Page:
|Image from Alabama Dept. of Economic Affairs|
By Michael Liebowitz
A Connecticut prisoner for nearly 25 years, Liebowitz is currently housed at Osborn Correctional Institution in Somers, CT.
Along with Brett McCall, Liebowitz is also co-author of "Down the Rabbit Hole: How the Culture of Corrections Encourages Crime", available at Amazon. Dr. Stanton E. Samenow, PhD reviewed the work in a 3/12/21 article in Psychology Today magazine. In his review he writes, "I have found that Liebowitz and McCall are keen observers with a positive objective - to help others become more effective in helping people like themselves to change and become responsible human beings. This book is definitely worth a read."
Liebowitz is also a regular guest with Todd Feinburg on WTIC AM 1080. Podcasts of Todd's segments with Liebowitz can be heard, here.
Widespread Implementation of Functional Family Therapy (FFT) and Multi-Systemic Therapy (MST)
Hold Juveniles Accountable
Perhaps the best way to reduce crime is to intervene in the lives of at-risk and delinquent youths to prevent them from becoming full-blown adult criminals. Fortunately, there are two cost-effective programs that have been shown to reduce juvenile delinquency: Functional Family Therapy (FFT) and Multi-Systemic Therapy (MST). Let’s look at each of these.
There is an abundance of evidence indicating familial relationships have a significant effect on both the formation and continuance of juvenile delinquency. Thus, if the goal is to reduce such delinquency, it makes sense to target the entire family for intervention. This is precisely what FFT does.
“[FFT] … is a structured, family-based intervention that uses a multi-step approach to enhance protective factors and reduce risk factors in the family.” Addressed to medium-risk youths between 10 and 18 and to their families, it attempts to change the way family members communicate with one another and thereby improve relationships within the family. The FFT therapist seeks to identify the “functions” a youth’s antisocial behaviors serve, as well as the functions the other family members’ problem behaviors serve and it attempts to show them how to satisfy these needs/wants with more productive behaviors.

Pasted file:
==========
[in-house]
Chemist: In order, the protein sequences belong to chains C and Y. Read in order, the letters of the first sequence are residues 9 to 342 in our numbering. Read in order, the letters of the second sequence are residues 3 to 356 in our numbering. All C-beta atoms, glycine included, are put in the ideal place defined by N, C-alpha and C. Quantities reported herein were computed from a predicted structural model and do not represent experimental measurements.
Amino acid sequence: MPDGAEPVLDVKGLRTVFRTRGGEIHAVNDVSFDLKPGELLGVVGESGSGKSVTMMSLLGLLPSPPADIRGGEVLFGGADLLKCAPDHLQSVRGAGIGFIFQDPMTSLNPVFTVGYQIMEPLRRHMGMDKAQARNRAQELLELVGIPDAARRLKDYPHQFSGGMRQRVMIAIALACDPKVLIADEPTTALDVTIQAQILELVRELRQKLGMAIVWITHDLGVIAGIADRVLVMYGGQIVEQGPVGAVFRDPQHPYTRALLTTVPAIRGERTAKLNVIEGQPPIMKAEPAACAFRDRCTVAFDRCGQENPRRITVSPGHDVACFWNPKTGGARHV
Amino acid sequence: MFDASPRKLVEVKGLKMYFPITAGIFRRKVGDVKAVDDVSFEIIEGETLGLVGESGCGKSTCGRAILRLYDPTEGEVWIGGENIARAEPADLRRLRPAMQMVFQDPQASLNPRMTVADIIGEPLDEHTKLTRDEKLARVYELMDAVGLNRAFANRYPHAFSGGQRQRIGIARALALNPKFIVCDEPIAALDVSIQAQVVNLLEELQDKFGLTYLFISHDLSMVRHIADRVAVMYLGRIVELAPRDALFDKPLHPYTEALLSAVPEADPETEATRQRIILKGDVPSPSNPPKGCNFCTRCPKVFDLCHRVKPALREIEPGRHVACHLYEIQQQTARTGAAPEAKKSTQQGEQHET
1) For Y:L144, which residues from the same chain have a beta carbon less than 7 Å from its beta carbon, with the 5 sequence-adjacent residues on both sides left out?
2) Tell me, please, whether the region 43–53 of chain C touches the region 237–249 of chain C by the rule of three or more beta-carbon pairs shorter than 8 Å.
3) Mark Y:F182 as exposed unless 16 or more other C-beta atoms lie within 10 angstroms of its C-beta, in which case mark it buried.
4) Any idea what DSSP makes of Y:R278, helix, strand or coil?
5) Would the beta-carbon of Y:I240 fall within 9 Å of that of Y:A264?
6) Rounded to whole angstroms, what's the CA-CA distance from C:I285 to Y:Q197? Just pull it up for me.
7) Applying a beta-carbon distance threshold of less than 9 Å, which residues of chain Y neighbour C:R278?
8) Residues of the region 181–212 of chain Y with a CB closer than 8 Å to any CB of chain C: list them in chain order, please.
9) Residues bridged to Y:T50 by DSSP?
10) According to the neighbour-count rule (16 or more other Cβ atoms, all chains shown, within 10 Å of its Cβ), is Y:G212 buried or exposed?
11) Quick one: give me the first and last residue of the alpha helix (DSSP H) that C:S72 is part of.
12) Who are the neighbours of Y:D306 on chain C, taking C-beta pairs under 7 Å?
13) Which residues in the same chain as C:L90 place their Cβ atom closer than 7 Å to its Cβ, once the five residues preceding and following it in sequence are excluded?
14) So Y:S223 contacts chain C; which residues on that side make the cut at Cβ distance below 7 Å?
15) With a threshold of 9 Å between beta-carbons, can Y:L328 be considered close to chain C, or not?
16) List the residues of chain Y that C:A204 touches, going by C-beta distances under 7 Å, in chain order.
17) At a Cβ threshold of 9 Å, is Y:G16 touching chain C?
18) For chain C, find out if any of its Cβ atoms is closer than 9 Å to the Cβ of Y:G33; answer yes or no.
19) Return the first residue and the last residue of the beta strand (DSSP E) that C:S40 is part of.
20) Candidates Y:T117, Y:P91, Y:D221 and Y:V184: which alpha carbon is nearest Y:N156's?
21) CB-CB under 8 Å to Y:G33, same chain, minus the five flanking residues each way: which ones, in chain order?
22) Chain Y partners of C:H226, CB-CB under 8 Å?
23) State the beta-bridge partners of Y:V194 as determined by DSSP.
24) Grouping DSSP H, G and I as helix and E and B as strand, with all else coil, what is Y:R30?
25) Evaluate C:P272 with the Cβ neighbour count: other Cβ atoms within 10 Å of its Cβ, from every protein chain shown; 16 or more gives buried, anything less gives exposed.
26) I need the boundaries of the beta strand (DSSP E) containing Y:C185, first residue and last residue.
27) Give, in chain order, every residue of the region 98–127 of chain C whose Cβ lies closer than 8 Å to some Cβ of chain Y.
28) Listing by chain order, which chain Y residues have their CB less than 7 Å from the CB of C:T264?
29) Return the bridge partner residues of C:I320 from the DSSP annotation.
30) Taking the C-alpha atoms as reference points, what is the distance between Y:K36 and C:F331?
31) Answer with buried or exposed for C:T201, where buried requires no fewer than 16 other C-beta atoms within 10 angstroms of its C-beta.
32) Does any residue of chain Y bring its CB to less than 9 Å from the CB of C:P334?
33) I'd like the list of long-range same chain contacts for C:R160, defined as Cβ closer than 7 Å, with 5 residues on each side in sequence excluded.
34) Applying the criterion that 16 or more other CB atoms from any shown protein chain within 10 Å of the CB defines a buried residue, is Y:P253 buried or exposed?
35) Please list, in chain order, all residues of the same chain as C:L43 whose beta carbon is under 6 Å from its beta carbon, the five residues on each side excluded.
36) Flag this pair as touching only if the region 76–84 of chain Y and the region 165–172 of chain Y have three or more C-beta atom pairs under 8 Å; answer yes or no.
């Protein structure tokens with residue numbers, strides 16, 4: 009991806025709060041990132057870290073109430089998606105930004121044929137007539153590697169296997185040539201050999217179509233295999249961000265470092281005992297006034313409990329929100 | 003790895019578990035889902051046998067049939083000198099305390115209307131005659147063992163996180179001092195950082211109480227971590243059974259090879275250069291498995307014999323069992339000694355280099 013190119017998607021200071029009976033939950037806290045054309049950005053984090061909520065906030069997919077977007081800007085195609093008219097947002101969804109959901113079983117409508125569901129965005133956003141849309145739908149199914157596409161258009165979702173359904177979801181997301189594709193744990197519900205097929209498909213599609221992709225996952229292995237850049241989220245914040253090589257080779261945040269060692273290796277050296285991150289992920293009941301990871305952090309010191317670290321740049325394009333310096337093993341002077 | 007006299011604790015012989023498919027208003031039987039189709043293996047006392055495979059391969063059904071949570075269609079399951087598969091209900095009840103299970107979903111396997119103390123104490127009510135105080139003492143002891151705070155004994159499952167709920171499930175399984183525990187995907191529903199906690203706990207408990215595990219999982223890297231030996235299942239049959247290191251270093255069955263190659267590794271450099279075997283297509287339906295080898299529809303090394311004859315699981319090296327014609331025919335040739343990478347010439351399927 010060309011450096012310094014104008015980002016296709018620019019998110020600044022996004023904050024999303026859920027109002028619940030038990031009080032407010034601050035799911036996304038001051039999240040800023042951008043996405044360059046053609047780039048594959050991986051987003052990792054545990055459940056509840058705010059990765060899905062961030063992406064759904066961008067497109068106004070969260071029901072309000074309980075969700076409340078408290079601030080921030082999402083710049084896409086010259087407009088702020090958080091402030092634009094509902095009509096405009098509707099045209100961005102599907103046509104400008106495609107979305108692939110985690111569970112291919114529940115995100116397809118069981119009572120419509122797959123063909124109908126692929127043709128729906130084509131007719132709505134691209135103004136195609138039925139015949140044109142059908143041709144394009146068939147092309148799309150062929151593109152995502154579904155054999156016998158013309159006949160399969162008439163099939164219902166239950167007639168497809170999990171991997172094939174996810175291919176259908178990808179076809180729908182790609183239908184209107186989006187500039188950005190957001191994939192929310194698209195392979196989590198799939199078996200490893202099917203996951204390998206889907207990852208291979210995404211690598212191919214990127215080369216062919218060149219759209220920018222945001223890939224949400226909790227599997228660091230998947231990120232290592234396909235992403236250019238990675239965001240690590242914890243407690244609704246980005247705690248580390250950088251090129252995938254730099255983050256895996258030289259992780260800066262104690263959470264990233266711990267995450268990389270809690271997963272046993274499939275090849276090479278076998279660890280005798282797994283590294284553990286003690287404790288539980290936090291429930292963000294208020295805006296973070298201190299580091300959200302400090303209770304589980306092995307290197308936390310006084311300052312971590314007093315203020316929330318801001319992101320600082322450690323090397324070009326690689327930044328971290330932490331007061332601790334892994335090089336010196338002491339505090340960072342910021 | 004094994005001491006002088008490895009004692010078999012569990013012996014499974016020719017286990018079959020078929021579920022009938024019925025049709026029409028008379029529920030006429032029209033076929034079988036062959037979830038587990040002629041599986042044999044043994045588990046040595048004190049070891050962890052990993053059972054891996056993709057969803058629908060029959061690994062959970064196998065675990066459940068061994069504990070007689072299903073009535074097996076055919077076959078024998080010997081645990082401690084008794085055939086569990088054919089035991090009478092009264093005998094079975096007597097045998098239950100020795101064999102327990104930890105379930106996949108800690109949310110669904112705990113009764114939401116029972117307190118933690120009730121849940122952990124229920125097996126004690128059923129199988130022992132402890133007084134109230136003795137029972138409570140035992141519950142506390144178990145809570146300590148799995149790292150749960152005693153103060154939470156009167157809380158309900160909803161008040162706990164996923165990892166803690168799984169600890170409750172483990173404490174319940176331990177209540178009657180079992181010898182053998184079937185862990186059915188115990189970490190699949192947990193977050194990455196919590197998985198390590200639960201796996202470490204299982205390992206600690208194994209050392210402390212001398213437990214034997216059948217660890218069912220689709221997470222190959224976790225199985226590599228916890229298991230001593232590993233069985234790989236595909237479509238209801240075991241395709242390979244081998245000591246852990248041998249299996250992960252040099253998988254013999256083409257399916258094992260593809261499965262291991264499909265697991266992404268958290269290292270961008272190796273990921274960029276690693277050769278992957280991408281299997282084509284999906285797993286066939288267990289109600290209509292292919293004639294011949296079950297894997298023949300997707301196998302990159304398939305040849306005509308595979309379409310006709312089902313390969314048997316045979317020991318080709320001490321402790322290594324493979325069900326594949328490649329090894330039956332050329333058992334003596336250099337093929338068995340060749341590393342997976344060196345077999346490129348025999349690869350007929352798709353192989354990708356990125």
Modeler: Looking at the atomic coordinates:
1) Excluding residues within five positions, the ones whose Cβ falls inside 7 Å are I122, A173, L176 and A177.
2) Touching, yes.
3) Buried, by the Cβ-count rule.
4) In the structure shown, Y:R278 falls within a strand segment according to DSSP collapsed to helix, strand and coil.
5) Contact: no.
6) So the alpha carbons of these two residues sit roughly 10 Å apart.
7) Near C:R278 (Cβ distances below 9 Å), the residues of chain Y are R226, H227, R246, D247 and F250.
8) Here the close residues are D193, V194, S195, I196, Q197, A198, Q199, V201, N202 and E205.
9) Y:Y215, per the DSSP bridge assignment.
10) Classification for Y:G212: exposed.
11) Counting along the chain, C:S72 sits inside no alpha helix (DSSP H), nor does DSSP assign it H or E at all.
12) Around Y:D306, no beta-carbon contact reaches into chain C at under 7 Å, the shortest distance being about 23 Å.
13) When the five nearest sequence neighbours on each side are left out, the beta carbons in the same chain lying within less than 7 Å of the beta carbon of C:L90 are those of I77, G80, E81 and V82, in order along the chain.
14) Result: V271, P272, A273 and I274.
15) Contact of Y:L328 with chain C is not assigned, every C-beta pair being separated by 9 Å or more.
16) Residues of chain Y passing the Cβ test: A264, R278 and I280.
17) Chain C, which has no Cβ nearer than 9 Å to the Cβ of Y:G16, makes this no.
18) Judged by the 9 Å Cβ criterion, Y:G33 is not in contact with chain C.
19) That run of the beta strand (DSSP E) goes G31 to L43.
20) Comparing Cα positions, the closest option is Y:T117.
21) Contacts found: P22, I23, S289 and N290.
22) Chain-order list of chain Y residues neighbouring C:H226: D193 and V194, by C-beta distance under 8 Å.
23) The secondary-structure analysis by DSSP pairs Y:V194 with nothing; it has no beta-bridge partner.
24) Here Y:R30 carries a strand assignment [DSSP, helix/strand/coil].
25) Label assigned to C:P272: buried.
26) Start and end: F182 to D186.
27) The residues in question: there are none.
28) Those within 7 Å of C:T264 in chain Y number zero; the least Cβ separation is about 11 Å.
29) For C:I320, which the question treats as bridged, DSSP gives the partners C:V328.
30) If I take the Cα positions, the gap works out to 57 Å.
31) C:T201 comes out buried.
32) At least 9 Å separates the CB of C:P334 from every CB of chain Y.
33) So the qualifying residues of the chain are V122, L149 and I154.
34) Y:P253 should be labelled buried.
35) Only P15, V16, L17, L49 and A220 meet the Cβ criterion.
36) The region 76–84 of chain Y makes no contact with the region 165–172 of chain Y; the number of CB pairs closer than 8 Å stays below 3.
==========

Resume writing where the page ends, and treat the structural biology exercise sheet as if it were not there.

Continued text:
FFT employs an eclectic approach consisting of techniques taken from behavioral and cognitive behavioral therapy, as well as family systems approaches. It lasts between three and five months and consists of 12 to 14 visits. It is highly cost-effective at $3,531 per participant, with an anticipated benefit of $27,844. Thus, benefits minus costs equal $24,313 per participant, with a 96% chance that benefits will exceed costs. (Figures based on Washington State Institute for Public Policy report, Benefit-Cost Results, Functional Family Therapy for Youth on Probation study, updated December 2018.)
Created in the 1970s, MST is an intense program for youths ages 12 – 17 who have severe behavioral problems. The theoretical roots of the program are social, ecological and pragmatic family systems theories. At-risk youths are seen as belonging to numerous interconnected “systems” that exhibit a reciprocal influence on one another. These systems include the youth’s family, friends, school and community. “… youth behavior problems are viewed as maintained by problematic transactions within, and/or between, any one or combination of these systems.” All four of these areas serve as targets for intervention.